A blighted Northwest icon
by Eric Sorensen | © Washington State University
Last March, Gary Chastagner was driving around southwest Oregon scouting test plots for a study of madrone, the gnarly, reddish-brown tree found up and down the West Coast. A variety of diseases had been hitting the trees in recent years, and Chastagner, a plant pathologist in WSU’s Puyallup Research and Extension Center, was undertaking a study to see if some varieties might be more disease resistant than others.
Driving between Roseburg and Medford, he started seeing entire slopes of trees that looked decidedly disease prone.
“It just looked like someone went through with a blowtorch,” Chastagner recalls.
County extension agents and natural resource officials soon reported similar devastation in British Columbia, the San Juan Islands, and the Olympic Peninsula. Puget Sound residents echoed them on a special madrone research web page.
“As we drive along side roads and down the Key Peninsula Hwy towards Purdy it looks like all the Madrone trees are dying or dead,” said one writer. “All the leaves are dried up and brown. We don’t see any new growth at all on most trees. They just don’t look like they’re going to come back.”
The madrone leaf blight, as it is called, brings to mind tree-ravaging epidemics of gypsy moths, Dutch elm disease, and chestnut blight. And while the tree has limited commercial value, it’s good for drought-tolerant native landscaping and plays an important ecological role as wildlife habitat and food. It has been a recorded Northwest feature at least as far back as 1792, when the Vancouver expedition’s naturalist, Archibald Menzies, mistook it for an oriental strawberry tree.
“It’s sort of an iconic tree with a lot of passion attached to it,” says Chastagner. “When things happen to it, people pay a lot of attention.”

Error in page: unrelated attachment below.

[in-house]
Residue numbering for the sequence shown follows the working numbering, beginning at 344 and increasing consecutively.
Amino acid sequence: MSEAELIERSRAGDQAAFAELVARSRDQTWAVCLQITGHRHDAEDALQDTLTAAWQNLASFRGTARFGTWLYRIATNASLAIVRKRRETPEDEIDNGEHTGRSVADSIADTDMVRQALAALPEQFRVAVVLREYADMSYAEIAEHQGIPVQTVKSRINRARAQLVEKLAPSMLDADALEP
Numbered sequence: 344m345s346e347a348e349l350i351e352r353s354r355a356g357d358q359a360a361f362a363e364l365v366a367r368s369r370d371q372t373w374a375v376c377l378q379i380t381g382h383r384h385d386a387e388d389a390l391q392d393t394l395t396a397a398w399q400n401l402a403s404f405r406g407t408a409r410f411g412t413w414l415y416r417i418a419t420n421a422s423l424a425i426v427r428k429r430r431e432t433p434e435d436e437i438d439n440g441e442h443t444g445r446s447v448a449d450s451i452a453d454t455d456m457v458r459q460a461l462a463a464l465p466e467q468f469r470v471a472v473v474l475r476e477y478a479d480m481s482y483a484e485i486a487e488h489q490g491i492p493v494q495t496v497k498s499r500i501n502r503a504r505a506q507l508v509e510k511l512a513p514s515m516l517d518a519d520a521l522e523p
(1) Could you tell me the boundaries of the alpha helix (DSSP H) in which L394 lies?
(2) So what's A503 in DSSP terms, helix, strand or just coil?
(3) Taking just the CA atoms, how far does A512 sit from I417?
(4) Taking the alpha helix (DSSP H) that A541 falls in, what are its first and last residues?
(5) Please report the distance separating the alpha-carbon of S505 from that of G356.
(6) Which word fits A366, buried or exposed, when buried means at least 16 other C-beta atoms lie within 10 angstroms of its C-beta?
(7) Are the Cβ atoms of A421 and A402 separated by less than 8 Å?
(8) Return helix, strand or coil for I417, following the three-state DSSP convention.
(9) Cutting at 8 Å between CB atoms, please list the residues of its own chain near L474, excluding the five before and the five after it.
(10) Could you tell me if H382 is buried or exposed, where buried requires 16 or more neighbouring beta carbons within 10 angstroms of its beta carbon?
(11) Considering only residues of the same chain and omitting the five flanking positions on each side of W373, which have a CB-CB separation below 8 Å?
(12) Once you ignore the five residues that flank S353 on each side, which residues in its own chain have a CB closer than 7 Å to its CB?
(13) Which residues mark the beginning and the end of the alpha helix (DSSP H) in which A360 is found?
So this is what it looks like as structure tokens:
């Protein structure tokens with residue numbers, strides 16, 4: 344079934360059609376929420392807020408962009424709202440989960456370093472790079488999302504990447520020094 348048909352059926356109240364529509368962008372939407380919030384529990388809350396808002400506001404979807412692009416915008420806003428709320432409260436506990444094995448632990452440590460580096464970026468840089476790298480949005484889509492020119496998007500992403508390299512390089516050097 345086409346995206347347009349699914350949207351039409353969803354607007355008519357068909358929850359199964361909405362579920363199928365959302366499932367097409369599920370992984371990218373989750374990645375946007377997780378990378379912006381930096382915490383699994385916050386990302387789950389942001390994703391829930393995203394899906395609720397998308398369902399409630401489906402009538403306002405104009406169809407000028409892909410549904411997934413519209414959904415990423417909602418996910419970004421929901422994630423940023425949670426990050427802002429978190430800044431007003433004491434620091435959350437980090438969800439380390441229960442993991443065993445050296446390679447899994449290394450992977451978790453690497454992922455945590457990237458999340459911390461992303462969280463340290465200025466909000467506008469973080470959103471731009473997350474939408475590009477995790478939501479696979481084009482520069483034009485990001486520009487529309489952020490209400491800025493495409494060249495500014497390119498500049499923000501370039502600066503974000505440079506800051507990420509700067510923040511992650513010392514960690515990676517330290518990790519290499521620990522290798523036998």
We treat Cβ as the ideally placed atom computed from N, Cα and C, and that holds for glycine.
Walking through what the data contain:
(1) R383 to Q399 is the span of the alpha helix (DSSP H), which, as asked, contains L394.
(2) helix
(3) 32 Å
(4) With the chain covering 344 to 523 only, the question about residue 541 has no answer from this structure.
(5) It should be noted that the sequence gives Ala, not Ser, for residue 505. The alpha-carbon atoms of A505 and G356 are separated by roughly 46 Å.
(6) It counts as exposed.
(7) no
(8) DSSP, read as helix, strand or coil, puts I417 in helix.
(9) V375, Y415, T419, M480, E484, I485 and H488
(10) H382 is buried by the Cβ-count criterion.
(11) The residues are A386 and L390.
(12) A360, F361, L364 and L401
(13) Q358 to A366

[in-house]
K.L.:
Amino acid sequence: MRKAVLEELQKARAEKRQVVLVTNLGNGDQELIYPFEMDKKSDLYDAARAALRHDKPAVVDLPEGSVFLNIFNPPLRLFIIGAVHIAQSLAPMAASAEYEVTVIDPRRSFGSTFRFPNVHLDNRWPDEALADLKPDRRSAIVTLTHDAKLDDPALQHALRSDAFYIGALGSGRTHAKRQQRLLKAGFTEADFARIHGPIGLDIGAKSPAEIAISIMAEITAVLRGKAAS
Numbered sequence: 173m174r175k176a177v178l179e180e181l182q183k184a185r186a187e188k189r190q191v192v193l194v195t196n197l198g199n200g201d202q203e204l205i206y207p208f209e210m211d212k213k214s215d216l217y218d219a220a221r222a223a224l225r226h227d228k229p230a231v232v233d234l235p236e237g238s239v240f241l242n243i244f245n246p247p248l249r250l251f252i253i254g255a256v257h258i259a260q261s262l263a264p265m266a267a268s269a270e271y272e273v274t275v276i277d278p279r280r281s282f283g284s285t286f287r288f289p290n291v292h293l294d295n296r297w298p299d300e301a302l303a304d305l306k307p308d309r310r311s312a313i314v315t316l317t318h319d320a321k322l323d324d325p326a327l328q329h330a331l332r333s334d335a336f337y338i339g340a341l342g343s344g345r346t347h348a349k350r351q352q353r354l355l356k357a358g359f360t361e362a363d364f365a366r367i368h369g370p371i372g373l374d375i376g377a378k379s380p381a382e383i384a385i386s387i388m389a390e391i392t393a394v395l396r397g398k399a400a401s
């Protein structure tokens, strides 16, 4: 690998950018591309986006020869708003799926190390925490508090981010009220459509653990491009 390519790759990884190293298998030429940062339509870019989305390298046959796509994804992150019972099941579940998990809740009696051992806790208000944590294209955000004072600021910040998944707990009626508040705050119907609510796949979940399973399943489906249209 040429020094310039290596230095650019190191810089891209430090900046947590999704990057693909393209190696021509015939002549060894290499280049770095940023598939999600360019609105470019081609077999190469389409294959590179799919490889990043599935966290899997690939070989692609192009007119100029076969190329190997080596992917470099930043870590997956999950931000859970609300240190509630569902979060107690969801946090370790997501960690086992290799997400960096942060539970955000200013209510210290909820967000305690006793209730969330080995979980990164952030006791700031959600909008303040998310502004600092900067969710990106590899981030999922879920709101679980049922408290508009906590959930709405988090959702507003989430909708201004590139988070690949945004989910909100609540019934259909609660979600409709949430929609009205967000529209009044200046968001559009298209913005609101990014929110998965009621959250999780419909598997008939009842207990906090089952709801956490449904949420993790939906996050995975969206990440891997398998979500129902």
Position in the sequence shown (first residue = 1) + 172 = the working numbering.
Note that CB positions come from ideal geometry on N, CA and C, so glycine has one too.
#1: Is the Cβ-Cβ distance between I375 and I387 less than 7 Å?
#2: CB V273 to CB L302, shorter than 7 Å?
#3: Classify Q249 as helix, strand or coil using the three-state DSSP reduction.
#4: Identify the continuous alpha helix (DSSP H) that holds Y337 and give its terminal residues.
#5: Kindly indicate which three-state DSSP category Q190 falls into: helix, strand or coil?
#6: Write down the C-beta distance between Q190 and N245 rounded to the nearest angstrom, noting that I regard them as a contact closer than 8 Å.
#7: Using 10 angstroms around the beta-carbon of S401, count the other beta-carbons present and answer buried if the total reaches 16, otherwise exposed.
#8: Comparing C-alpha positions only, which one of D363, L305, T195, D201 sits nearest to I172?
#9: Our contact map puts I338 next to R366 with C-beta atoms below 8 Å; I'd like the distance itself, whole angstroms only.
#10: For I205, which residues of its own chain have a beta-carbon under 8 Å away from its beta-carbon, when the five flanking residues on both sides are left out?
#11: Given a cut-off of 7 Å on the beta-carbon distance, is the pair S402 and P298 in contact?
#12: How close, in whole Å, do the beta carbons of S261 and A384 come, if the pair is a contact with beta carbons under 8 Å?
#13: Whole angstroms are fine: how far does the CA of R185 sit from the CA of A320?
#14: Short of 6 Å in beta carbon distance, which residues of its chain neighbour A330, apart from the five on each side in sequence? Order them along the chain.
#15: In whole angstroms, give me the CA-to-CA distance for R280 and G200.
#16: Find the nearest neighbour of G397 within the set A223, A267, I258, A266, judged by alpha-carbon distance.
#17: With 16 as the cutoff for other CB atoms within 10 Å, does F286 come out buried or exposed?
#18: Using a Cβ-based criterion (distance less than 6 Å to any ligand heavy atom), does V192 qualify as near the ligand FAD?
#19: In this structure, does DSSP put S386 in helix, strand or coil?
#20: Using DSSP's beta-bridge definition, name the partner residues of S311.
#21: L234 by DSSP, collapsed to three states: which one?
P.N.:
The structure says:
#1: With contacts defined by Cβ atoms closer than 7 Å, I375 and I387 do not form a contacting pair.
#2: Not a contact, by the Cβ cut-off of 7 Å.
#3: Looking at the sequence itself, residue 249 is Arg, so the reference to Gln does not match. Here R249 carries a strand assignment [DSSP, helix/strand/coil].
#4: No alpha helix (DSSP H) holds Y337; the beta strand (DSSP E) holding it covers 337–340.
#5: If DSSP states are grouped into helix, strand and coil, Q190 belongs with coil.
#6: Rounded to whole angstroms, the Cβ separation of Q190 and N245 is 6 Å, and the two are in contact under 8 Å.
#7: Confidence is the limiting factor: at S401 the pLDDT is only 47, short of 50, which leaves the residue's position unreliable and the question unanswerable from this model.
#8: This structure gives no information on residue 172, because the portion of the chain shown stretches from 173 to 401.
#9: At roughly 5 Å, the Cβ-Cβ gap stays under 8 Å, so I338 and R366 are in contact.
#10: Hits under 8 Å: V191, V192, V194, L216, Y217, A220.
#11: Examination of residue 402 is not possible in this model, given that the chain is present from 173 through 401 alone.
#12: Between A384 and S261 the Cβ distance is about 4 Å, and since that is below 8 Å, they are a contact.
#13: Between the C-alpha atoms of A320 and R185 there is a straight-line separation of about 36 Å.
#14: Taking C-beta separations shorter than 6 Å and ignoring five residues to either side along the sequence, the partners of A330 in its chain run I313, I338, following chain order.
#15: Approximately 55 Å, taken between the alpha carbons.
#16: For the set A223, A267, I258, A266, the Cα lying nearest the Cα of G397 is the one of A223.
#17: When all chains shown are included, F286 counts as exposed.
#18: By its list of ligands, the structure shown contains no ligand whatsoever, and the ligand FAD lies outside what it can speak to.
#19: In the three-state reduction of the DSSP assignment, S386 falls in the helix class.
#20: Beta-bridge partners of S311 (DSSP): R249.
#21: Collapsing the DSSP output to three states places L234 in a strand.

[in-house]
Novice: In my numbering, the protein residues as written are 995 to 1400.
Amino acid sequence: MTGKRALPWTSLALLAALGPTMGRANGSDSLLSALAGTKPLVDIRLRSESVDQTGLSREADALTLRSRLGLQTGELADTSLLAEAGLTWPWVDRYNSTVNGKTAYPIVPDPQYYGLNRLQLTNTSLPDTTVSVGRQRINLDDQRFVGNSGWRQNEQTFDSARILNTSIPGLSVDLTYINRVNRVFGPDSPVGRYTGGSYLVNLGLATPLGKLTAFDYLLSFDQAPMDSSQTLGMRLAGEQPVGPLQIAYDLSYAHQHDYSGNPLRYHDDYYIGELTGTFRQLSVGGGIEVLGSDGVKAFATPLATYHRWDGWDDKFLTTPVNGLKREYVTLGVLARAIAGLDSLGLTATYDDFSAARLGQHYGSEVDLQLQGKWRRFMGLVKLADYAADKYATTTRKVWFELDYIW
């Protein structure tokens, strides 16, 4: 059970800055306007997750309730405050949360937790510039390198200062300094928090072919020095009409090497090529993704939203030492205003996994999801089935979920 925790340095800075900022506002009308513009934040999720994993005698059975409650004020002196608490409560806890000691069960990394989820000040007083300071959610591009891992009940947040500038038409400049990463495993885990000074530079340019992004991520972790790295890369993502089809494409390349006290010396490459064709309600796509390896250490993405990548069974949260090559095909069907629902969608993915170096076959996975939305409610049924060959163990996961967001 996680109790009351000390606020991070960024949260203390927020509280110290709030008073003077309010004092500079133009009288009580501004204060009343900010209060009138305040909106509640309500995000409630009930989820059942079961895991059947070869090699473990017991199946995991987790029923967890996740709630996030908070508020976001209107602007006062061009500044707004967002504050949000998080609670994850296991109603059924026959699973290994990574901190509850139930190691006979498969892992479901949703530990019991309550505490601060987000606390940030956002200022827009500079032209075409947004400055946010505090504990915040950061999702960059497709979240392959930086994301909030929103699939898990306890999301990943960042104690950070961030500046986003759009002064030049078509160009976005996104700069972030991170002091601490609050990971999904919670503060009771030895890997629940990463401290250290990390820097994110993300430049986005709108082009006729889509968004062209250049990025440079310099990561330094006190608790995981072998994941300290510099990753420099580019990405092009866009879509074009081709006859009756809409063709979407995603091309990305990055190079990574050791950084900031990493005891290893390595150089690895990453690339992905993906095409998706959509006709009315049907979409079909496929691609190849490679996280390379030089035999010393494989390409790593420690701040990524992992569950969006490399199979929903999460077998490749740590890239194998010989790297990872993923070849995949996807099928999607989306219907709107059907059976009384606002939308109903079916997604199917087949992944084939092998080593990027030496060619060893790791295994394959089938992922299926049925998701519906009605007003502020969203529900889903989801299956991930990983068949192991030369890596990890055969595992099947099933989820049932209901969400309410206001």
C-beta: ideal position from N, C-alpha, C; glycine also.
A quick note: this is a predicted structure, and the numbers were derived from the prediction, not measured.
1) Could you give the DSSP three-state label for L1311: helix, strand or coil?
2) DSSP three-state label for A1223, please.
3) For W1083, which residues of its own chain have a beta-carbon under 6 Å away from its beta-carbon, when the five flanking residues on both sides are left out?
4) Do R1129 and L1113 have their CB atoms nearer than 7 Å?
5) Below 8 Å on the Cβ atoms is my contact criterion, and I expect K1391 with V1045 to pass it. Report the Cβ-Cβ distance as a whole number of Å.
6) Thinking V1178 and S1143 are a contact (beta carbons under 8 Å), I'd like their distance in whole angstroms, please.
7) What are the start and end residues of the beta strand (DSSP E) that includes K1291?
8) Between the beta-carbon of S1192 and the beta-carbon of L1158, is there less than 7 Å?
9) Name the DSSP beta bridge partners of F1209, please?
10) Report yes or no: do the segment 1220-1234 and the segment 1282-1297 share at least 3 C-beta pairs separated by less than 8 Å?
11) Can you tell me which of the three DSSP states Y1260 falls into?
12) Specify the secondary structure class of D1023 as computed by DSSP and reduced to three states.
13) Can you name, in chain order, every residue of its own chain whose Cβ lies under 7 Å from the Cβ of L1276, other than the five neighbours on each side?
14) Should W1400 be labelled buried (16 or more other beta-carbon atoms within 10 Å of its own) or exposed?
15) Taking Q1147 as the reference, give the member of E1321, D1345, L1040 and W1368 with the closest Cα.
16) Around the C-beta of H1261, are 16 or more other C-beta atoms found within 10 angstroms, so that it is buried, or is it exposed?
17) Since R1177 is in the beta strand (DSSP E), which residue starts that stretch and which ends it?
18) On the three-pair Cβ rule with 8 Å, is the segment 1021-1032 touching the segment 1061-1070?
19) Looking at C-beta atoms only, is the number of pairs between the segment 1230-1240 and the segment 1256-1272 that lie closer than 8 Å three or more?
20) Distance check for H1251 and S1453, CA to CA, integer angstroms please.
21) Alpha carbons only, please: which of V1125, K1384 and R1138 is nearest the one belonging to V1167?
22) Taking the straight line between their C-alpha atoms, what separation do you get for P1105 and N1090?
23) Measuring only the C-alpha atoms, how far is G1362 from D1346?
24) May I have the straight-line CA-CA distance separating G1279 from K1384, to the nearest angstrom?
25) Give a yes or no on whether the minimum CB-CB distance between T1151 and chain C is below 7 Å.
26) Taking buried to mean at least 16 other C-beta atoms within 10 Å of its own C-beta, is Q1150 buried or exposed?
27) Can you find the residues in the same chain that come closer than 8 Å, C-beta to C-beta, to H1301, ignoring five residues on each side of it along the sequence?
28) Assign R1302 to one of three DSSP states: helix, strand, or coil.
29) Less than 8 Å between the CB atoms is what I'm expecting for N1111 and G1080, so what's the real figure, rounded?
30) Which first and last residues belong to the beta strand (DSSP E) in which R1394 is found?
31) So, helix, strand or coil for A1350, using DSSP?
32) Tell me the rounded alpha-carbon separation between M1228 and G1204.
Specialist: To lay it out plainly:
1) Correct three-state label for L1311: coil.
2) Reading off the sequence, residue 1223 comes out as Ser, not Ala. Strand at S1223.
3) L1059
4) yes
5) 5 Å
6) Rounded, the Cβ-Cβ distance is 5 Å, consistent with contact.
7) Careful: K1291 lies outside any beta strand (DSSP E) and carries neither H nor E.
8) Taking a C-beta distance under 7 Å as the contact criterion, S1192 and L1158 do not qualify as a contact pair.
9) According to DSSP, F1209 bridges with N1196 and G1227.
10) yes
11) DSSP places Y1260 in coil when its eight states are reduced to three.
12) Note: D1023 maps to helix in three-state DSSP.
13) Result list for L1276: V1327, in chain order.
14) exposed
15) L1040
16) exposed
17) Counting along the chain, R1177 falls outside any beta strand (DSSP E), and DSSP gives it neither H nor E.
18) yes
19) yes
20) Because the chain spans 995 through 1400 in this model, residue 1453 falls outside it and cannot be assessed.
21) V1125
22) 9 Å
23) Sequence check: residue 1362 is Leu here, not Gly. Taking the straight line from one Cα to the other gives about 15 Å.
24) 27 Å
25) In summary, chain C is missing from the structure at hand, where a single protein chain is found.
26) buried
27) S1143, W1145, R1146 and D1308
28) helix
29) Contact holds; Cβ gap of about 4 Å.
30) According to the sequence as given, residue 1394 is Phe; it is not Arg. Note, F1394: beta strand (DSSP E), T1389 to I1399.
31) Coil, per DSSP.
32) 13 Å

Leaf blight had been seen before but not investigated thoroughly. WSU researchers started looking at it in earnest in 2009, when Rita Hummel, a WSU Puyallup horticulturist, noticed several sickly madrones at the research station. Marianne Elliott, a plant pathologist, collected samples and found nearly half had a fungus, Phacidiopycnis washingtonensis, that was first isolated in apples by Chang-Lin Xiao, a plant pathologist at the WSU Tree Fruit Research and Extension Center in Wenatchee.
The fungus causes cankers and kills twigs in crabapples, a pollen source in commercial apple orchards, says Xiao. It also lies dormant on apples themselves, rotting fruit after it is harvested.
In the madrone—often called madrona in Washington state—it concentrates on the leaves and appears to be particularly active after colder-than-normal winters, says Elliott.
“I think it kills the tissue,” she says. “It tends to sort of dry it out. We think that’s because this fungus can somehow grow in cold temperatures and that somehow the plant has to have been cold-stressed before infection can occur. So we’re trying to understand that better.”
Walking around the research center, Elliott points out the madrones that Hummel saw afflicted two years earlier. The leaves are wilting and covered by gray-brown blotches and spots.
But while the trees look awful and foregone in early spring, they bounce back in fine order in late spring as new growth emerges.
“It looks really bad,” says Elliott, “but wait ’til June, and it might even look like it didn’t happen.”
Afflictions like branch dieback and canker are worse because they kill leaf buds and roots, preventing the tree from regenerating. The leaf blight can be a serious problem if it strikes several years in a row, starving the tree by limiting its photosynthesis, but probably won’t kill the tree unless it’s already compromised. Homeowners can help by raking up dead leaves, reducing the amount of fungus that can carry over from one winter to the next.
Meanwhile, Elliott and Chastagner are using a $50,000 U.S. Forest Service grant to look for disease-resistant madrones among 18,000 seedlings gathered from as far away as Arizona and Texas and as close as the 400-year-old champion tree in Port Angeles. Plans call for planting them in various ecoregions, places with different climate and soil, and seeing which fare best.
Comments are temporarily unavailable while we perform some maintenance to reduce spam messages. If you have comments about this article, please send them to us by email: email@example.com